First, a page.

Magic 96, Celtics 92

Trick up their sleeve

Celtics allow Magic to pull out Game 4

By Julian Benbow
Globe Staff / May 25, 2010

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The play was supposed to be a pick-and-roll with Paul Pierce, who was having one of his best nights in these playoffs, and Ray Allen, who was on target from 3-point range. The play was botched so badly, the Celtics never got a shot off.

“We didn’t execute, I can tell you that much,’’ said Celtics coach Doc Rivers, swallowing a 96-92 Game 4 loss at TD Garden last night that leaves the Celtics with a three games to one lead in the Eastern Conferemnce finals. “When you look at it, half our team was standing next to Paul. The execution was so bad.’’

Trying to get to his sweet spot with Jameer Nelson all over him, Pierce could do nothing.

The Celtics were going to have to absorb every punch the Magic threw — the barrage of 3-pointers from Matt Barnes, Rashard Lewis and J.J. Redick, and the assaults on the basket by Dwight Howard. They fought to tie the score, 86-86, late in the fourth quarter when Pierce drove hard to the rim with 1:15 left, finished with his left hand, drew the foul, and hit the free throw.

But in the end their chance to put the series away and seal their second trip to the Finals in three years crumbled, just like their final play of regulation.

In overtime, Jameer Nelson dealt the Celtics a combination they couldn’t recover from, drilling one 3-pointer from 24 feet and knocking down another in front of the Celtics’ bench to put the Magic up, 92-86.

But Ray Allen answered with two threes of his own to make it 94-92, as close as the Celtics would get. Forced to chew on their first loss in two weeks, the Celtics didn’t harp as much on their 2-for-10 shooting in overtime. They dwelled on the last moments of regulation, and how the desire to put away a series led them to fall back into the bad habit of trying to be heroes rather than sharing the ball.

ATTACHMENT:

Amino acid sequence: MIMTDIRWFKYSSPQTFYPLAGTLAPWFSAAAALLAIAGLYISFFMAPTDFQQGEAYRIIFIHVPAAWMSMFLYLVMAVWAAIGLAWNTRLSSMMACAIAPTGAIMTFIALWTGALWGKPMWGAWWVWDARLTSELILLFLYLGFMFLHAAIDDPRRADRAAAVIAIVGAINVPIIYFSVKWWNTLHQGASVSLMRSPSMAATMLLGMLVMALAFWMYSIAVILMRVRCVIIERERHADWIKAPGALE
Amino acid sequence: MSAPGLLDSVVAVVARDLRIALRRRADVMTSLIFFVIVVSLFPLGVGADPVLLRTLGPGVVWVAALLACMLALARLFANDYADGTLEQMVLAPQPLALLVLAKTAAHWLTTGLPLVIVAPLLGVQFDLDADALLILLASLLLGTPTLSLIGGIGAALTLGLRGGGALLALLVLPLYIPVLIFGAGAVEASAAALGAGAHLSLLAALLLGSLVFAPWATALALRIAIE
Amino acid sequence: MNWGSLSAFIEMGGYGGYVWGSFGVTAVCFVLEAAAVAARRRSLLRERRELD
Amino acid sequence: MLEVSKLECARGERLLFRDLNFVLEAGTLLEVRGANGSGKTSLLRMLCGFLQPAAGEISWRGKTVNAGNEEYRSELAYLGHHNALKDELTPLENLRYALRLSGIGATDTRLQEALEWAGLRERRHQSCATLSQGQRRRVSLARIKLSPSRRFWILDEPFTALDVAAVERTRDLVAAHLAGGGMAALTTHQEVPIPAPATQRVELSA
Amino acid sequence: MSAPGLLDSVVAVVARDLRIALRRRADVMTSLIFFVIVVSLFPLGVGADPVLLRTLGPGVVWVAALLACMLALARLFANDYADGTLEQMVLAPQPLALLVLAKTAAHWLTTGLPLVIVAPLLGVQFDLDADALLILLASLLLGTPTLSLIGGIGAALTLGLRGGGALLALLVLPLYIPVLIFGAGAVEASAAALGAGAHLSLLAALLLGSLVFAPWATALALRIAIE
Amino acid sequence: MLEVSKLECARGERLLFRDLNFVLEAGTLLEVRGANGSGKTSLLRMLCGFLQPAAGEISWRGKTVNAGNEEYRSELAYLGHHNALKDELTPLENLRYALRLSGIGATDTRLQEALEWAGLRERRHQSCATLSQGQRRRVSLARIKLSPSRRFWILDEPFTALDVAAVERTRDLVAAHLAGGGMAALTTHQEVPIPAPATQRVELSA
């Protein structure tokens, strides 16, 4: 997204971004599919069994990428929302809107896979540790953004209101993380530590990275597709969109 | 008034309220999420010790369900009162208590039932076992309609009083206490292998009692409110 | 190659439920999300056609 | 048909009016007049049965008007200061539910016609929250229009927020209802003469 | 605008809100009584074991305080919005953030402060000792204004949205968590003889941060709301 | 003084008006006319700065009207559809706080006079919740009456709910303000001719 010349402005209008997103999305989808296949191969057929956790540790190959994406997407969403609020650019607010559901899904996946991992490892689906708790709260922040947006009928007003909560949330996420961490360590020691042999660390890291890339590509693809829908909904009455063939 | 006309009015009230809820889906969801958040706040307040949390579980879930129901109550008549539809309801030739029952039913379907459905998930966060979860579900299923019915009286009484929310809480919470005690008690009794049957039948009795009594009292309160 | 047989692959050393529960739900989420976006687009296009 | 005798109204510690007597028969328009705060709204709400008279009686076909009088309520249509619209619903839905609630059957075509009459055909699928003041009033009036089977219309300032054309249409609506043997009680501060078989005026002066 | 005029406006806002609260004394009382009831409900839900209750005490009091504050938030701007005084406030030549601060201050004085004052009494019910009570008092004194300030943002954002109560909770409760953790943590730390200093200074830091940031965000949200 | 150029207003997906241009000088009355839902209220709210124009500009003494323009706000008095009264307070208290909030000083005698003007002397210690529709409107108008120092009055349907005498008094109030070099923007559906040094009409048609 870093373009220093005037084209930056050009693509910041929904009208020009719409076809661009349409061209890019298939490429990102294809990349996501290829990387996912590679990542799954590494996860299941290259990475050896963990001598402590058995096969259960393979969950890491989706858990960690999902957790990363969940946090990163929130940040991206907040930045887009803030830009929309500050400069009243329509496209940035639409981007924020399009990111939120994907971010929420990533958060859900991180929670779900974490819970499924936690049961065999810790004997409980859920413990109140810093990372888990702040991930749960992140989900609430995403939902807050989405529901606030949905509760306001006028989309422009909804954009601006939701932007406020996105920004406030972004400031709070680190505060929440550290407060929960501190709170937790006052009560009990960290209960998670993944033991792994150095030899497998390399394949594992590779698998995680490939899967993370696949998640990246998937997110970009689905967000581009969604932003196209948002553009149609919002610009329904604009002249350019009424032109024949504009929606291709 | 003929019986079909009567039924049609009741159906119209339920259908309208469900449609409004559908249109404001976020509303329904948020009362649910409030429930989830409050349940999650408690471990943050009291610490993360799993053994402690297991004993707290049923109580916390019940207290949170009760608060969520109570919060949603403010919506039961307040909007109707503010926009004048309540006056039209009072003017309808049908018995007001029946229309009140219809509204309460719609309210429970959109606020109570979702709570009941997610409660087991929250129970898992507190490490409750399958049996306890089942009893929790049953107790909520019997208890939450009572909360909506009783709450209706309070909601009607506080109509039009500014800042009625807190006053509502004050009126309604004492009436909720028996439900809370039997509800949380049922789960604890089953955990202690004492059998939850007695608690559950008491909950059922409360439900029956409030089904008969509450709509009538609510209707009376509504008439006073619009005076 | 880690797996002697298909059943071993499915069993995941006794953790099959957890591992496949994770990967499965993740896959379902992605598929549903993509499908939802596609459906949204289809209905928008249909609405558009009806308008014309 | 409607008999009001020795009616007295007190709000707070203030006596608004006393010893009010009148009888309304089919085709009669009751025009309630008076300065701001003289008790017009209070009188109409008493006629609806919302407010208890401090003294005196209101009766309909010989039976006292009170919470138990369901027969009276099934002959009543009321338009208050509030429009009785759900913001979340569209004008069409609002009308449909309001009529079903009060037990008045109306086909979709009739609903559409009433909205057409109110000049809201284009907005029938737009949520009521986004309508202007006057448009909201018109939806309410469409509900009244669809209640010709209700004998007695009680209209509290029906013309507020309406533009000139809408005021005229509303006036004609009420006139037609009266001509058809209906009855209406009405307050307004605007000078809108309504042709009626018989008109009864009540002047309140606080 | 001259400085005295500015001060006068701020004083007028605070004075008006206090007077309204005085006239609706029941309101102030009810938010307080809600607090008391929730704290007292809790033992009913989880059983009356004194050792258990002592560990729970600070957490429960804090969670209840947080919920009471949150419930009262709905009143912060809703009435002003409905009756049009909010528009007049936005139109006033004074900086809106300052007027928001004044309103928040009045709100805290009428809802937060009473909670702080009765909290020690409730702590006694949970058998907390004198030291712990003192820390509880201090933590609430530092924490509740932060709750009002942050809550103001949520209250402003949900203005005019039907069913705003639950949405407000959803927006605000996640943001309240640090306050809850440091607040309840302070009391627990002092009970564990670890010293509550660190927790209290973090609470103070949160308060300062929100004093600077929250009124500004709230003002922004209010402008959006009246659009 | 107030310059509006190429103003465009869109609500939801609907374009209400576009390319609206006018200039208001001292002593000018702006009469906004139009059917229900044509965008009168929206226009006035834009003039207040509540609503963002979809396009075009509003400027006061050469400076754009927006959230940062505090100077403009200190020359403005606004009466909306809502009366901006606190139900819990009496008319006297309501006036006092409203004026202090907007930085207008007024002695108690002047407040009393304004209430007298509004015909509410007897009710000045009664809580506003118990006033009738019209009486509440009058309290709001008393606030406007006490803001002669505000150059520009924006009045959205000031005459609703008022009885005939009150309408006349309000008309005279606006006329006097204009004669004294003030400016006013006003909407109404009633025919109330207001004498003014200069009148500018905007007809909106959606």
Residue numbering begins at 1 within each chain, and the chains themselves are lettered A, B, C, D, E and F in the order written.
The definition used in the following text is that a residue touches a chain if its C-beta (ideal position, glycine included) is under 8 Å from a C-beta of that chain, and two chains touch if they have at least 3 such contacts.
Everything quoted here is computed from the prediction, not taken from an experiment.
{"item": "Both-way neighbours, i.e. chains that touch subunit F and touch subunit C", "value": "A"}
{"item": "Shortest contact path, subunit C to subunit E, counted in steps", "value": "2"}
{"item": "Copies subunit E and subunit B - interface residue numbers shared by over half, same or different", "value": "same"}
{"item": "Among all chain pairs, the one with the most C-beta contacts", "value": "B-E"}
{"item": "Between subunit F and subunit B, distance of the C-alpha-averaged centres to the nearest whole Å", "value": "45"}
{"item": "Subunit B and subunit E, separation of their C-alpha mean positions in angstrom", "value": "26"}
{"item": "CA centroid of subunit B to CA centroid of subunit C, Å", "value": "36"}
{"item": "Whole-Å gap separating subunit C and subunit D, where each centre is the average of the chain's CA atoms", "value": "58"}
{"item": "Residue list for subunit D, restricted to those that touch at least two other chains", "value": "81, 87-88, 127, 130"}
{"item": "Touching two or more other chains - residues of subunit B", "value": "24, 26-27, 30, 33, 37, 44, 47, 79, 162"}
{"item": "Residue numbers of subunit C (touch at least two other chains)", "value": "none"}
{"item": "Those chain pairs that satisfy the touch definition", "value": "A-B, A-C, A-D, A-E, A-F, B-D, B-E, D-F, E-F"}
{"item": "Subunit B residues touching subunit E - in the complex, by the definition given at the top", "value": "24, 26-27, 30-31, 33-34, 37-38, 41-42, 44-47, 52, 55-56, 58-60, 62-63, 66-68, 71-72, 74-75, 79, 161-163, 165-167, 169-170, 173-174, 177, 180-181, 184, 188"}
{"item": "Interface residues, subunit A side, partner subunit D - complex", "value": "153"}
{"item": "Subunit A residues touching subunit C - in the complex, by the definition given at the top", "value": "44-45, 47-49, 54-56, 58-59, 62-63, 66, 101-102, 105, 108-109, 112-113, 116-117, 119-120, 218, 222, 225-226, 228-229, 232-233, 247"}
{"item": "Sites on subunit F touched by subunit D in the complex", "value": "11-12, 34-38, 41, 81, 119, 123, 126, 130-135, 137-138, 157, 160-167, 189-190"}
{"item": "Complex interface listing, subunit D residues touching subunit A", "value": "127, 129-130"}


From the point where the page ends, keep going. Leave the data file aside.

“I thought everybody wanted to win the game,’’ Rivers said. “I thought everybody showed up to win the game. But I think at times, when you have a chance to do something — close out a series or win a big game — each guy tries to do it themselves.’’

Pierce finished with 32 points, matching his 2010 playoff high set in in Game 3 of the first-round series against the Heat. On a night when fouls and muscle spasms hampered Rajon Rondo (9 points, 8 assists in 43 minutes) Pierce was Boston’s primary source of offense. But on the final play, he had options.

“Just pretty much screwed it up,’’ he said. “Pretty much turned the ball over and that’s all it is. Couldn’t get the final shot. Sometimes it happens that way. But that’s no excuse. We still had opportunities in overtime and we didn’t take advantage of it.’’

Allen finished with 22 points on 7-of-12 shooting, draining 5 of 7 3-pointers.

“It didn’t seem like we were in synch offensively,’’ Allen said. “We’re kicking ourselves because we had great opportunities still.’’

The Magic left the floor after Game 3 seemingly paralyzed. They showed they still have some life.

Howard scored 32 points, Nelson added 23 (3 of 6 on 3-pointers), and Redick (12 points, three 3-pointers) came off the bench throwing darts. Orlando narrowly avoided becoming the only team to sweep the first two rounds of the playoffs and lose in the conference finals. (The 1989 Lakers were swept in the Finals by the Pistons after running through the first three rounds without a loss.) Now, with the series swinging to Orlando tomorrow for Game 5, the Magic have a slither of hope.

They got their best looks of the series from the 3-point line (10 of 28), and they held the Celtics to 42.1 percent shooting. After playing behind for all but about three minutes of the first three games, the Magic set the tone early and did not fold when the Celtics rallied. The Magic trailed, 68-67, entering the fourth quarter because a Kevin Garnett technical foul (a battle for a rebound with Howard led to a dust-up with Matt Barnes) had fueled a 19-12 Celtics’ run. But the Magic absorbed it.

“It’s the first time I think in the series we’ve actually made it tough on them,’’ said Magic coach Stan Van Gundy. “I think the hardest thing when you go behind in a game like this and you’re down 3-0, what you’re fighting against is human nature to just sort of let it go. Our guys didn’t do that. They stayed in the fight.’’

After hearing constant talk that the fight was over, the Celtics now have to ready themselves for another one.

“We just made it more difficult on ourselves,’’ Rivers said. “But listen, no one said this was going to be easy. We’ve made it tough now. So that’s fine. We have to get on a plane, go watch film and get ready for the next one.’’

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